Finding Direction Together
The last month has been disorienting: constantly changing information about places we can go, precautions we have to take.
Where do we go now, from here?
Looking outward for solace, inspiration, release, and perhaps a newfound intimacy of place. Looking inward for strength and unearthing our intuition, seeing colors blur and then brighten through windows, through screens and lenses of distance.
We are adapting to an ever-changing potential tomorrow. Masks we wear now, work we uncover and recover together.
Safety and support is our new direction, just making sure our actions count - the ways we can cultivate courage and pay attention. Each of these works gives a different angle to help us redirect and pause.
The North and South Faces and East and West Horizons stand as "walls" to turn towards, or as different directions we can choose – to walk, to look, to grow towards. The Sky and the Earth add the two remaining directions to the dimensions we occupy and inhabit and act as reminders of the Earth Day we celebrate this month.
Imagine this virtual space as a room without walls that you can explore and perhaps poke at your own perceived boundaries and the connections we can make to each other across the social spaces online now. Enjoy these wonderful works and please support the artists and the Beatnik by purchasing directly on the site.
We would like to thank Deborah Tobin and Ted Quinn at the Beatnik Gallery for all of their support in co-hosting this show and live event for the community. We wish we could be with you in-person, but this site brings us together in a different way.
- Jenny Kane (Arts Connection Director)
Title Image - Caged #2 by Cindy Dillingham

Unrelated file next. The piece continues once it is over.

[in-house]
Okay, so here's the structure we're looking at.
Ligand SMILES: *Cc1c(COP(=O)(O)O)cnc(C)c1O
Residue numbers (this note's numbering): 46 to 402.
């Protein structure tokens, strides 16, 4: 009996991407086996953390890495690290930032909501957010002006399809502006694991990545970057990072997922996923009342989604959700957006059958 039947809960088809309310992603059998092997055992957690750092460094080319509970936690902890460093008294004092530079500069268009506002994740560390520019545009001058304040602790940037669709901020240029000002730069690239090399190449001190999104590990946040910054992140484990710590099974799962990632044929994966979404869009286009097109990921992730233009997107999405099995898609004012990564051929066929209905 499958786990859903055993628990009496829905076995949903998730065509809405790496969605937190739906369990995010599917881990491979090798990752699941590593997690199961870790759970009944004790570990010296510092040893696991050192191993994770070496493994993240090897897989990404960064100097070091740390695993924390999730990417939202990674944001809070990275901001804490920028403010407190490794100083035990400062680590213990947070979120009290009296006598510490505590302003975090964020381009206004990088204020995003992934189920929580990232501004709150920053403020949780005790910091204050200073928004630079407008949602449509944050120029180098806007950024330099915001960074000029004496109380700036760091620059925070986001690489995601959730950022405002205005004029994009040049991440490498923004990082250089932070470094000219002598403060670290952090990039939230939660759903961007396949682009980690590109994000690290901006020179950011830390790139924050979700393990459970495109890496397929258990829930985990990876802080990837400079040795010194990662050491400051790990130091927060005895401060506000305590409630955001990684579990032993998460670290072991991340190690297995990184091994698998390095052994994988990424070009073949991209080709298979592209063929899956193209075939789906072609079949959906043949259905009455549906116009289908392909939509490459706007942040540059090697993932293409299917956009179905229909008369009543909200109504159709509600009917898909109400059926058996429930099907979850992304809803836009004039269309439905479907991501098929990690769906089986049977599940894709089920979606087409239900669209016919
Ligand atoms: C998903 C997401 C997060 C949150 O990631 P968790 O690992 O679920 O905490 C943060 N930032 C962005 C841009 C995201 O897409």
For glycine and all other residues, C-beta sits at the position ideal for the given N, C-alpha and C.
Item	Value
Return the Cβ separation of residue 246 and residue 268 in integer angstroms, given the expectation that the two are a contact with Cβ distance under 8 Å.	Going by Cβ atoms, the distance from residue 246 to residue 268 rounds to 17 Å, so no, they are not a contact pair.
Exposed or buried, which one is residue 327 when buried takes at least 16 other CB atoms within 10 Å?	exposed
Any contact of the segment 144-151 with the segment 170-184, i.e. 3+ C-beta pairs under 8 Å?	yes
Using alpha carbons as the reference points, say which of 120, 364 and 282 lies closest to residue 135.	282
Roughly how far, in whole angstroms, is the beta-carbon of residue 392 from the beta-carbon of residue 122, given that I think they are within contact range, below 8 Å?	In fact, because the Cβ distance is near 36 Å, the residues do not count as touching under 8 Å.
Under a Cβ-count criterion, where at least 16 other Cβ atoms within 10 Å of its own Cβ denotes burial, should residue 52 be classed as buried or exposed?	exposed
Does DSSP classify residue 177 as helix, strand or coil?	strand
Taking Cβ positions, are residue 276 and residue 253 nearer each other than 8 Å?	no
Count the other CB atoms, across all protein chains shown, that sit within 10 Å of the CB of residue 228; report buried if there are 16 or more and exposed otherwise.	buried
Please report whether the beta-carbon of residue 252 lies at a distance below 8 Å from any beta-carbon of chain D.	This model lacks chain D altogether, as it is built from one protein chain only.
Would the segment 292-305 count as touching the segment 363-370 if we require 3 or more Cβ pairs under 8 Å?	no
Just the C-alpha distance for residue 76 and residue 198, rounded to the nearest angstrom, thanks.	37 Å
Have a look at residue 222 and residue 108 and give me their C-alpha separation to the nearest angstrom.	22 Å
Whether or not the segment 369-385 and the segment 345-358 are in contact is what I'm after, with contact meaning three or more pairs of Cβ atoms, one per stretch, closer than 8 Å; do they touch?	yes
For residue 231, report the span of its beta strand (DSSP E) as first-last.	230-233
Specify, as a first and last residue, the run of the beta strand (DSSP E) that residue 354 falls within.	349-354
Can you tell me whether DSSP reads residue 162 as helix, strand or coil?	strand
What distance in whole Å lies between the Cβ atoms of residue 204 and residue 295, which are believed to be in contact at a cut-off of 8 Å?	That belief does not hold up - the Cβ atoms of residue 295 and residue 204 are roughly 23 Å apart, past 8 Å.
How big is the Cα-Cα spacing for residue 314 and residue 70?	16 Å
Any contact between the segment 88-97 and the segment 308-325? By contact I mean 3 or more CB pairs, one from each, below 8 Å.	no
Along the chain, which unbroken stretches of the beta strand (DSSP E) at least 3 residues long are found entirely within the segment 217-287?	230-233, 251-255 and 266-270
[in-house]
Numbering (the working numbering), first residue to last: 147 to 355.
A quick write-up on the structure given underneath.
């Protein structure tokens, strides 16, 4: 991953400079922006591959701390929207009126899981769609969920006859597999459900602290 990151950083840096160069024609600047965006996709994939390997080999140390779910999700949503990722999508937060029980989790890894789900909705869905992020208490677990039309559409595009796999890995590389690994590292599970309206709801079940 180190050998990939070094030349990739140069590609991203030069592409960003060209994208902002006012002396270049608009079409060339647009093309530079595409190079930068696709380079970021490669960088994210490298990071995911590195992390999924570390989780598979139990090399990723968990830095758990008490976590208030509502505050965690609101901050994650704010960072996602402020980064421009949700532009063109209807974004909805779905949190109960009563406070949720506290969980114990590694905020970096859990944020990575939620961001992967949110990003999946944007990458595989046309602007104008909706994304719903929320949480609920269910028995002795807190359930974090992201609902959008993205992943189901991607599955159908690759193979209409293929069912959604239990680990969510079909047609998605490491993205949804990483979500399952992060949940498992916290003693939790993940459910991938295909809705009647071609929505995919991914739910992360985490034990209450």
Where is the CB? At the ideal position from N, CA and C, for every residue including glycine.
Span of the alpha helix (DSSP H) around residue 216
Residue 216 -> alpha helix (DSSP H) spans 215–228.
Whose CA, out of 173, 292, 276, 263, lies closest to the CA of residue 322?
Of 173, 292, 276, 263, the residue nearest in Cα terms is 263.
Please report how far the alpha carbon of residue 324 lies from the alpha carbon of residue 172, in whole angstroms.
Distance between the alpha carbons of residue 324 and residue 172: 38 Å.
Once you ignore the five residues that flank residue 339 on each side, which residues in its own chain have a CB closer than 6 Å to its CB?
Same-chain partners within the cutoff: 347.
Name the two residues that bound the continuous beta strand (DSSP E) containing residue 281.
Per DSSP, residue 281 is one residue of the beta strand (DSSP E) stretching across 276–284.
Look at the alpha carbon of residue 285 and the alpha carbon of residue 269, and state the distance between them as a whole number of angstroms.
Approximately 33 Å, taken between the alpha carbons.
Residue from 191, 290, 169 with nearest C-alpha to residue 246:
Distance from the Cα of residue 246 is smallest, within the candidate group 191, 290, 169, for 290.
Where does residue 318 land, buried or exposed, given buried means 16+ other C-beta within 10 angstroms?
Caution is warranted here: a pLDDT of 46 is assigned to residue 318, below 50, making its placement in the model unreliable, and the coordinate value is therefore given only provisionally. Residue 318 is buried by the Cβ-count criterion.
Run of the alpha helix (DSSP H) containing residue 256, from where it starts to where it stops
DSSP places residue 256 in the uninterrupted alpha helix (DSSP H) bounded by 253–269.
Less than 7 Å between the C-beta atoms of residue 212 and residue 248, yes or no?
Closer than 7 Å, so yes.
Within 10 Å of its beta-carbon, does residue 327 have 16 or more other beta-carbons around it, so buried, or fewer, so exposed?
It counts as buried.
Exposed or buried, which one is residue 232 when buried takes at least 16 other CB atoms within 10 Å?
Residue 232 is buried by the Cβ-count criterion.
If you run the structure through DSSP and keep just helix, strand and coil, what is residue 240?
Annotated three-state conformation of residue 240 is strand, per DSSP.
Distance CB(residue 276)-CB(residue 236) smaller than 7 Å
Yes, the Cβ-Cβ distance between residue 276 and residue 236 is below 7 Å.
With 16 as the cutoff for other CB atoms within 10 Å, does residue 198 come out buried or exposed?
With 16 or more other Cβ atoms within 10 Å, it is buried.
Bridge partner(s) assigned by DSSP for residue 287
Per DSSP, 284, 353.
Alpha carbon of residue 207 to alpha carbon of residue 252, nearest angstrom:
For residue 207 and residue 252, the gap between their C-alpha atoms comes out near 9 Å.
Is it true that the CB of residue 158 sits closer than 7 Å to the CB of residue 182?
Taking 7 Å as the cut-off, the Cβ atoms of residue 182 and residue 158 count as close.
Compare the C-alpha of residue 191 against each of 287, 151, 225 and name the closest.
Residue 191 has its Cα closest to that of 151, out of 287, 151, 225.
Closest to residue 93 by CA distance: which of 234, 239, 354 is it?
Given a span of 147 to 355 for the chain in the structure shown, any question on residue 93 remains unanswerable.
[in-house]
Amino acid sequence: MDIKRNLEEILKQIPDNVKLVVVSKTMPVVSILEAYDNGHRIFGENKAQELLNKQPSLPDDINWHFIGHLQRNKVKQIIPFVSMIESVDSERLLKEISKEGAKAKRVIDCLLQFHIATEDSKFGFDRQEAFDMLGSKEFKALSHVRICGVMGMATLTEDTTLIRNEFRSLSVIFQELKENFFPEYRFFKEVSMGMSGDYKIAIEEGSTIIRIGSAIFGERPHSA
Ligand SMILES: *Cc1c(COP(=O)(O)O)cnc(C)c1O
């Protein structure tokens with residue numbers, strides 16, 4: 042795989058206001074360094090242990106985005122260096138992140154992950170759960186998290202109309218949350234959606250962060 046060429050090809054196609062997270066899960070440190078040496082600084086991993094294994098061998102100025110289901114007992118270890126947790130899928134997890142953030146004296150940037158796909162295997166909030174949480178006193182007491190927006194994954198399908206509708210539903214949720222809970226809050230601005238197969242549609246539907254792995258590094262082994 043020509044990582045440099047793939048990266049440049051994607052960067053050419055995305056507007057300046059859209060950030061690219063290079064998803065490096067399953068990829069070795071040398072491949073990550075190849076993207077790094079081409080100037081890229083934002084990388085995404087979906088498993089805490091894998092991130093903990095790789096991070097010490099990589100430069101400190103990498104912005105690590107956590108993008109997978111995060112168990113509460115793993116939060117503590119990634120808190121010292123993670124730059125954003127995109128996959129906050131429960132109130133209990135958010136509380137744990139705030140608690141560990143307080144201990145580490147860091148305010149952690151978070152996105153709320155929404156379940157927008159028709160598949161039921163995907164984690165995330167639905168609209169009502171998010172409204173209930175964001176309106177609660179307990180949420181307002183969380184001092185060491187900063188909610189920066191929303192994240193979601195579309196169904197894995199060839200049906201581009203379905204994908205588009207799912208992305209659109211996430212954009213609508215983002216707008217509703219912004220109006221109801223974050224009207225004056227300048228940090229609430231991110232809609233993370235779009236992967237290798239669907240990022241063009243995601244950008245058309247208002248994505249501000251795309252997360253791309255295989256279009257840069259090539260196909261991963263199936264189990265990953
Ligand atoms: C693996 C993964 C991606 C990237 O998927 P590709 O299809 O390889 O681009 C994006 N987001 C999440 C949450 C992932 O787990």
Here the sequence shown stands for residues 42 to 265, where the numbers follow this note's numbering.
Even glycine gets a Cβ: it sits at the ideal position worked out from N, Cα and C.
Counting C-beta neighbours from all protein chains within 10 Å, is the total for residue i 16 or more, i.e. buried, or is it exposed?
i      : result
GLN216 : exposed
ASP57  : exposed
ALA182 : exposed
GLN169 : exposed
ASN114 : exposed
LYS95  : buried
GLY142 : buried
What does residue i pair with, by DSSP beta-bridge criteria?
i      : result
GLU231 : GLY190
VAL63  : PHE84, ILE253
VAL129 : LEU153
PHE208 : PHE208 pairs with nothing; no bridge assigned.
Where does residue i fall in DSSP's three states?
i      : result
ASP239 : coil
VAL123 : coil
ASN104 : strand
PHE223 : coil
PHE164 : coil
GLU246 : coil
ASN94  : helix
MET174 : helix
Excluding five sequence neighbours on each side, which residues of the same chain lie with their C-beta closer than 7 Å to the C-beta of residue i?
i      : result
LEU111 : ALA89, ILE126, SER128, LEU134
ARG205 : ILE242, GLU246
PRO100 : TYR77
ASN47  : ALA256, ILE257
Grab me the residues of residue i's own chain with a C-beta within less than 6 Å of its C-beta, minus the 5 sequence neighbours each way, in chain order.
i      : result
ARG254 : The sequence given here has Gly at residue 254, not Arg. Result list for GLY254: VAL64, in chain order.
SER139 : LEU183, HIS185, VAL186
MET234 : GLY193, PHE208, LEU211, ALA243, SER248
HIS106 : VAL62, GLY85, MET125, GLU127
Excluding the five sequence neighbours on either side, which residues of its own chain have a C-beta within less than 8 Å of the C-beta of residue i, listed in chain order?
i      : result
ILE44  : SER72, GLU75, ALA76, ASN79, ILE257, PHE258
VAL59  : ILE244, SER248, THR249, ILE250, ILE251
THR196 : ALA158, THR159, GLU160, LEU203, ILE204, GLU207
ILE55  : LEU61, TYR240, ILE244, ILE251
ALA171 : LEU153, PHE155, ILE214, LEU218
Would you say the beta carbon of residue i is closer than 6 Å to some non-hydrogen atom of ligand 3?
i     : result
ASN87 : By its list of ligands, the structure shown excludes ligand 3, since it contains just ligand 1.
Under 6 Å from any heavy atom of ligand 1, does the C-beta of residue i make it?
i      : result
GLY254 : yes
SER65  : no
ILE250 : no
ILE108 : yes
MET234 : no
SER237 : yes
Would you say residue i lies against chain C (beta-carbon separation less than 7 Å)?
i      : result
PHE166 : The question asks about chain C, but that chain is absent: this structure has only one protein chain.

the space between us, the things we share, the things we keep with us. forever.
"These works were made during "stay at home" orders. They were made five minutes at a time -in between mom, house, and teaching duties. These works are five minute breaths, five minutes of silence, five minutes of grief, five minutes of anger, five minutes of forgetting, five minutes of focus."
Jacqueline Bell Johnson
Sometime after the election, I began cutting leaves and photographing them. A small impulse to make something visible again. After many walks, I would mark sites of potential, choosing a trajectory but lacking an objective. The pictures describe a world that you and I occupy, full of plants— many of them just weeds. My interventions left marks that we may recognize but communicate something unknown; they describe decisions shaped to our visual language, but without a clear message. A feeling that both acknowledges and denies my impermanence. Through the looking glass, my city is a forest—an unforgiving but extraordinary place. At its core, it is continuously shifting. Over the years, I have developed my practice to adapt to the conditions of life. This iteration of pictures was confined by space, but grew in possibility.
Everything has slowed down suddenly. I have more time to and for myself. My portrait is part of a series on social inequality, but during this time it's became much more. The cells in the portrait are those of the participants; of my friends, of my family. Creating mine allowed me to reflect on who I am, what I've experienced, and the people I've had the opportunity to meet along the way.
"In these times of crisis, so many things are in short supply or no longer possible, but despite these shortages and limitations, love is still an infinite resource and we can always extend love to others in different ways: sharing resources, donating money, check-ins, and other loving acts."